I’ve just finished the second book in the Ellie McEnroe series by Lisa Brackmann, Hour of the Rat. I’m reading this series as part of Soho Crimes 25th Anniversary Read Along. Soho Crimes is celebrating 25 years of publishing international crime fiction with a challenge to read a particular author’s series. I chose Lisa Brackmann.
About the book (from the publisher): Iraq War vet Ellie McEnroe has a pretty good life in Beijing, representing the work of controversial dissident Chinese artist Zhang Jianli. Even though Zhang’s mysterious disappearance has attracted the attention of Chinese authorities. Even though her Born-Again mother has come for a visit and shows no signs of leaving.
But things get really complicated when Ellie agrees to help out an old Army buddy with his search for his missing brother. Ellie finds herself entangled in a conspiracy that may or may not involve a sinister biotech company, eco-terrorists, an art-obsessed Chinese billionaire, and lots of cats – a conspiracy that will take her on a wild chase through some of China’s most beautiful and most surreal places..
My review: I reviewed the first book in this series, Rock, Paper, Tiger, here. The great thing about this challenge is the chance to read a new-to-me author. The bonus? I really love this series. In the first book in the series, we met Ellie McEnroe, an Iraq War veteran living in China, after having followed her husband there. Ellie’s leg was injured in Iraq, and she has suffered physical and emotional damage from her time there. When her marriage breaks up, Ellie finds herself staying in Beijing.
Modern day China is fascinating to me. Having no real sense of what life is like there, I’m thrilled that Lisa Brackmann can paint such a vivid picture of daily life in Beijing, as well as life in smaller towns throughout the country. She has a gift for describing the details of the scenery, the topography, the hustle and bustle, as well as the quiet of more rural areas.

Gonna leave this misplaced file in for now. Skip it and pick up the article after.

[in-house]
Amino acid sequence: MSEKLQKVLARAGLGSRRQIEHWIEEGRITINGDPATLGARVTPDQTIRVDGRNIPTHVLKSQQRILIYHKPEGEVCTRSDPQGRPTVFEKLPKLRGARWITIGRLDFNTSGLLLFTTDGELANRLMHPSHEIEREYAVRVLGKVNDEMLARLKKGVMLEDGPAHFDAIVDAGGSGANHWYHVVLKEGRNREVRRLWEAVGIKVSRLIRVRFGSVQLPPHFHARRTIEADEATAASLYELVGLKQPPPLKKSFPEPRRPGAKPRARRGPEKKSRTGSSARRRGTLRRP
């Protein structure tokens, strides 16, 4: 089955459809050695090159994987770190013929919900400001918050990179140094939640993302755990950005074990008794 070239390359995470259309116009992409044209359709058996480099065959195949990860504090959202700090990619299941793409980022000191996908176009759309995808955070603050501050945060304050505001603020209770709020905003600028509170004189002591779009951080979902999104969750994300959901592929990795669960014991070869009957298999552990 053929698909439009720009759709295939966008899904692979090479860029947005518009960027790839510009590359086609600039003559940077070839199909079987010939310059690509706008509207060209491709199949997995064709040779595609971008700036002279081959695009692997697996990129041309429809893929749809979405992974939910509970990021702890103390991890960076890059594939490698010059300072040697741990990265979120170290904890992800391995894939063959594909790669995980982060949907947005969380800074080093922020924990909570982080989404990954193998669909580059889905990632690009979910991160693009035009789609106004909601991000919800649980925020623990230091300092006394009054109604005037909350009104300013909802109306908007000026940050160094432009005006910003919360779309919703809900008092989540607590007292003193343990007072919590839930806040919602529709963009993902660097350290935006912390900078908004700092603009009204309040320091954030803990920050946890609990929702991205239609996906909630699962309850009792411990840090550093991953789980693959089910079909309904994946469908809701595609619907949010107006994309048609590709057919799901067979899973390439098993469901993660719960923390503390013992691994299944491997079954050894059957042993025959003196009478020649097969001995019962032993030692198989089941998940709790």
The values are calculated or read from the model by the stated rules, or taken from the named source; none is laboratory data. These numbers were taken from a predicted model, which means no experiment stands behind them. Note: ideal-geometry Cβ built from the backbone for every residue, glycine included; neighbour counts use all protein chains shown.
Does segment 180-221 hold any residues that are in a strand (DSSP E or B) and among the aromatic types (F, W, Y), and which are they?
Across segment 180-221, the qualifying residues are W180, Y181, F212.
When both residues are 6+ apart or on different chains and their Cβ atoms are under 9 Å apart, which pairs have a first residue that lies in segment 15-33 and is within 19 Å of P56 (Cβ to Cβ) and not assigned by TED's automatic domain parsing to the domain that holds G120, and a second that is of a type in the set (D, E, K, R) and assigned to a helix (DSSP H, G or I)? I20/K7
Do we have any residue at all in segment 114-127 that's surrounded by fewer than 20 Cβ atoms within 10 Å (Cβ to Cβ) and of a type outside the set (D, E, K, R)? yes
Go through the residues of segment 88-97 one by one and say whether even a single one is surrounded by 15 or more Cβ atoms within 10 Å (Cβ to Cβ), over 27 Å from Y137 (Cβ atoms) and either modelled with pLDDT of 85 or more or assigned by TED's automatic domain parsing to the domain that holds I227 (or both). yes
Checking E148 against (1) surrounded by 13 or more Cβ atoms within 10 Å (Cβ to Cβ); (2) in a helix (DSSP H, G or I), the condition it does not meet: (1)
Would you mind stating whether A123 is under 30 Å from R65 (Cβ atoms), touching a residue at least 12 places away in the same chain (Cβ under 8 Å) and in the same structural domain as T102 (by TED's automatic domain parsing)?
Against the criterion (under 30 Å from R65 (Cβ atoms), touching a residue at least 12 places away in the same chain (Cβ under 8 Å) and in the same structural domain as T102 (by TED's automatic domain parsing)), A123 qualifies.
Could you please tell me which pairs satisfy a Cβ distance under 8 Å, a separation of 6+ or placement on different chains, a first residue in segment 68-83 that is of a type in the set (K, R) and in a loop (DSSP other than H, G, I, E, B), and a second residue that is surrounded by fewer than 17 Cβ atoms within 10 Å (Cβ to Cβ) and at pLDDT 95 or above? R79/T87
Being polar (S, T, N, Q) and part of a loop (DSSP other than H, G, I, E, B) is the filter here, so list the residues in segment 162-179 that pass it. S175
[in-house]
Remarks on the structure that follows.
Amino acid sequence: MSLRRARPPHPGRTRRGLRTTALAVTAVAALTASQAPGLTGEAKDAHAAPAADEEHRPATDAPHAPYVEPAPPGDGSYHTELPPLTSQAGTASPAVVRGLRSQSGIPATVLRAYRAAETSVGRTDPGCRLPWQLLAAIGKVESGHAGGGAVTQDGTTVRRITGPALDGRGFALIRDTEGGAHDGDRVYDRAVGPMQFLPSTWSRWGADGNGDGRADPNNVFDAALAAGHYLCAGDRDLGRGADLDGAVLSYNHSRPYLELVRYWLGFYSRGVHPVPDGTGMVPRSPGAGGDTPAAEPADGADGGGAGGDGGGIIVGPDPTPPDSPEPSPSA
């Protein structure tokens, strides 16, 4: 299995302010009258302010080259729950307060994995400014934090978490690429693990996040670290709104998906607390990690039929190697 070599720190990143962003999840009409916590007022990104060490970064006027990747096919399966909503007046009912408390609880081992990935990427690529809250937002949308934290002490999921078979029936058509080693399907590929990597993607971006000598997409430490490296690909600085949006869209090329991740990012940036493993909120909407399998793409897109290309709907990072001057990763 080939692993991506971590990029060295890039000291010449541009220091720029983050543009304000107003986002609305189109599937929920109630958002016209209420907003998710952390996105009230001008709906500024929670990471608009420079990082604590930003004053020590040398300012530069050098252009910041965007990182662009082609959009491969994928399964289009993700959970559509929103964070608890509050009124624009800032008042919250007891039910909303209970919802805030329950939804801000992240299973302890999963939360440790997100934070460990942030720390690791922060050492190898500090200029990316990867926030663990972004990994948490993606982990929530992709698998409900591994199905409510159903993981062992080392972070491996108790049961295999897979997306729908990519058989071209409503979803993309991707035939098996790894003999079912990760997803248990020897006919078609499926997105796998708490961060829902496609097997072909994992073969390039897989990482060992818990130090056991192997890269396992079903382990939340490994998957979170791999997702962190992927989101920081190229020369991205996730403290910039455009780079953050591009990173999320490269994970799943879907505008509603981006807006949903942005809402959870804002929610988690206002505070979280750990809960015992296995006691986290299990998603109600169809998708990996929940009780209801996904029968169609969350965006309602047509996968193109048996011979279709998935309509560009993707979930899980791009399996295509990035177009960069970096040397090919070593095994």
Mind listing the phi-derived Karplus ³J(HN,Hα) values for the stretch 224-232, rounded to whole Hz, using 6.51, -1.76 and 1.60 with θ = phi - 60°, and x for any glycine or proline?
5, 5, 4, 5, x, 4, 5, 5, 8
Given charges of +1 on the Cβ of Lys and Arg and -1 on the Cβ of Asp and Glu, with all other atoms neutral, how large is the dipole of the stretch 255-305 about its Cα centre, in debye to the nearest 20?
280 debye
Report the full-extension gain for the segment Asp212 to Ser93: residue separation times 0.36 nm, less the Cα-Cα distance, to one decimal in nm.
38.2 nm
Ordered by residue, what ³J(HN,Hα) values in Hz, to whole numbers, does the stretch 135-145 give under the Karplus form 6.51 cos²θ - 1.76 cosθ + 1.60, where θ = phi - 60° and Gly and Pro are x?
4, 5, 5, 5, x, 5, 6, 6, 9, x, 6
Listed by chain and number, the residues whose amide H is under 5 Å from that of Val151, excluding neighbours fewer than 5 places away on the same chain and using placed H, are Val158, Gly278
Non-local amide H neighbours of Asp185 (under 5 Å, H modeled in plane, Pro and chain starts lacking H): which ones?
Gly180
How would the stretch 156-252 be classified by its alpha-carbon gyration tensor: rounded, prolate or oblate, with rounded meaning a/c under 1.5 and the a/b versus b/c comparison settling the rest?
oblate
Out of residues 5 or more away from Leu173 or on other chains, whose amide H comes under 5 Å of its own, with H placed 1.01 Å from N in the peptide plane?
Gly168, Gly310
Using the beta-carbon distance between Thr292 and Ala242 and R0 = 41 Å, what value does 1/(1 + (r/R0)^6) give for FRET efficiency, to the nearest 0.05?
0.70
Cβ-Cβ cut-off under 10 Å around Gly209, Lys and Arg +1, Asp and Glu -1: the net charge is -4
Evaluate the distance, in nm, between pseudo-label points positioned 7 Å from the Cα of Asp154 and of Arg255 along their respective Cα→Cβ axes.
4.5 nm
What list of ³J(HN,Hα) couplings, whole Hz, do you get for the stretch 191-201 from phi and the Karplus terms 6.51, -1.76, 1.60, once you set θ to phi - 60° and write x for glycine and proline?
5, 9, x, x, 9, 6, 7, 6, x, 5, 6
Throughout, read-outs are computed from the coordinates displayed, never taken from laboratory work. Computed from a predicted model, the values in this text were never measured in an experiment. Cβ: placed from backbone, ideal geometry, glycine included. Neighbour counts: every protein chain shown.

There’s always the threat of government interference – whether it be in the form of censorship, or in the form of those who would monitor any ‘suspicious’ activities.
This time, Ellie’s mother is visiting and Ellie is balancing her need for privacy with her love for her mom. When a friend from Iraq asks her to check on his brother who is in China and has disappeared, Ellie takes on the search as a favor to her friend and as a way to get away for a while.
I love Brackmann’s writing style, all from Ellie’s first person point-of-view. She’s young, she’s edgy, more than a bit cynical, and has a need to solve mysteries. She’s a good person coping with life in a foreign country, with shadowy figures never far from view.
She also has a gift for characterization; describing the people of China – from sophisticated urban dwellers to farmers and shop owners. You will find yourself thinking of China and life there long after you reach the final page.
The plot in this book is complex and well written. The tension builds until the the final pages. Who can Ellie trust? Who might be watching her, tracking her movements? Brackmann is a skilled writer and, in Ellie, she’s created a fascinating protagonist, with guts and moxie.
I love that feeling of not wanting to put a book down. I’ve felt that with both books in this series. Well done!
I really love this series and look forward to reading the next book, Dragon Day.
About the author: Lisa Brackmann’s debut novel, Rock Paper Tiger, set on the fringes of the Chinese art world, made several ‘Best of 2010’ lists, including Amazon’s Top 100 Books and Top 10 Mystery/Thrillers and was a New York Times best seller. Her second novel, Getaway, a thriller in Mexico, was chosen as an ALA Summer Reading Pick and was a finalist for SCIBA’s T. Jefferson Parker Award. Lisa’s latest book, Hour of the Rat, features the return of Ellie McEnroe on another wild adventure in today’s China. Hour of the Rat was shortlisted for Left Coast Crime’s Calimari (international mystery) award and was nominated for an Anthony Award for Best Audio Book. The third Ellie McEnroe novel, Dragon Day, was published in August 2015.
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